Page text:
Nokiidaa Trail Parking Lot Retrofit Project
In partnership with the Town of East Gwillimbury, we recently completed an low impact development parking lot retrofit at the corner of Mount Albert Road and Yonge Street.
What was the problem?
The previous parking lot, made of an impervious, hard-packed gravel layer, made it difficult for water to soak into the ground. During major storm events, the runoff from the large surrounding area would flow across the parking lot, picking up pollutants along the way. Because the impervious parking lot didn't allow the water to infiltrate, the gravel and other pollutants flowed directly into the river.
Stormwater runoff picks up pollutants as it travels across paved or impervious surfaces in urban areas. When it reaches rivers and streams, it degrades the quality of the water, making it difficult for sensitive species to survive.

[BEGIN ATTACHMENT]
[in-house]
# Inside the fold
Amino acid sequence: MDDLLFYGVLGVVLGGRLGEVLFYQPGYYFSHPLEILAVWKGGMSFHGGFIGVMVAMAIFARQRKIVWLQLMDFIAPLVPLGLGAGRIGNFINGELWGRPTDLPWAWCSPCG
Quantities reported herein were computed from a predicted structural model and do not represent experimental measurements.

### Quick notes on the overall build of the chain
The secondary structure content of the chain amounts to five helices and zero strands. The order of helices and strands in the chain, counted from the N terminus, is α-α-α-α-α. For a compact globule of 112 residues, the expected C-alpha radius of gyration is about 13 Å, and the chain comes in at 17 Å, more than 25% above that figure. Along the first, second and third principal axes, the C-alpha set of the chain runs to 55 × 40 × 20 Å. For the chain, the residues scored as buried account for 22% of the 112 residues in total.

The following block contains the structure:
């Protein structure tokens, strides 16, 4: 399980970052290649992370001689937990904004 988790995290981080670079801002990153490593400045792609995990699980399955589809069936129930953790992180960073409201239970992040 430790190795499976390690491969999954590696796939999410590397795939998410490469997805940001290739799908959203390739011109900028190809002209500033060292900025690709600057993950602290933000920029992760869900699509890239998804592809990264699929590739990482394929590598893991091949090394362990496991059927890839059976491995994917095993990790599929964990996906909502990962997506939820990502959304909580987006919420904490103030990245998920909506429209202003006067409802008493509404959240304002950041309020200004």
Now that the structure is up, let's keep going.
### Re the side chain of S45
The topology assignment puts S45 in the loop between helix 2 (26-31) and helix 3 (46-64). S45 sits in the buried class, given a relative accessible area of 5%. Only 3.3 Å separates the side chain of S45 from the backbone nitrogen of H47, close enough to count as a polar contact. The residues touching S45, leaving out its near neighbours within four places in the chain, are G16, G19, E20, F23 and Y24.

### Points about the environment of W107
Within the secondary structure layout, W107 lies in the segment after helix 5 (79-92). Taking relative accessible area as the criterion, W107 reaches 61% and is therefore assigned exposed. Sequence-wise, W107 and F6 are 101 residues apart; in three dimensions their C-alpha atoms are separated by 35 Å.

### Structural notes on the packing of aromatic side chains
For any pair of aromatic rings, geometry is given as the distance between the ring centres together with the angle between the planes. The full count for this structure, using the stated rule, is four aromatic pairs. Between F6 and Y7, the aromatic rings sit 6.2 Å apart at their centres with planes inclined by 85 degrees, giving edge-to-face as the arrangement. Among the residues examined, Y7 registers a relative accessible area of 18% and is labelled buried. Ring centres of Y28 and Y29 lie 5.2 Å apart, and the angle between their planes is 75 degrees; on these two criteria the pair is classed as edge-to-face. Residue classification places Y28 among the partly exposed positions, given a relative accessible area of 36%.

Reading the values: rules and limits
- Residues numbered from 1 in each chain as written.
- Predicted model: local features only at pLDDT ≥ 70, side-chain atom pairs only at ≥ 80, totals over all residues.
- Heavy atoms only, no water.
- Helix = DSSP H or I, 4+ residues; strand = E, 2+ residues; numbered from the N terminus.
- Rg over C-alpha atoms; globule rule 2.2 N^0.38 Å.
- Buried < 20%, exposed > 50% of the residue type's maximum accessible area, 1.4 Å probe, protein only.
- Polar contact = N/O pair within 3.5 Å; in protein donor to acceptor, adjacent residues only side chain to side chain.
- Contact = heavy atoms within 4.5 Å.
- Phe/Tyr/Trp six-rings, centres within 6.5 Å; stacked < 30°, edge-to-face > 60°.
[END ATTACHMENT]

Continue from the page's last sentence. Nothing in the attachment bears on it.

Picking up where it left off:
Solving the Problem
The goal of this project was to resurface the parking lot with asphalt. This allowed us to direct the runoff from the hard surface into a large bioretention swale. This swale will filter up to 25 cubic metres of stormwater (250 bathtubs or 25,000 water bottles!) during each major storm event. This prevents all of those pollutants from flowing directly into the river.
Bonus - The parking lot can now stay open year round!
We provided $31,000 towards the project to cover the cost of the new feature. The estimated phosphorus reduction is 0.3 kg/year.
What is a bioretention swale?
Bioretention is a low impact development technique that provides storage, treatment, infiltration and routing of surface water runoff in a landscaped area. Bioretention features mimic natural processes by absorbing water and filtering pollutants, directing water back into the ground or overland to appropriate outlets.
Building the Bioretention Swale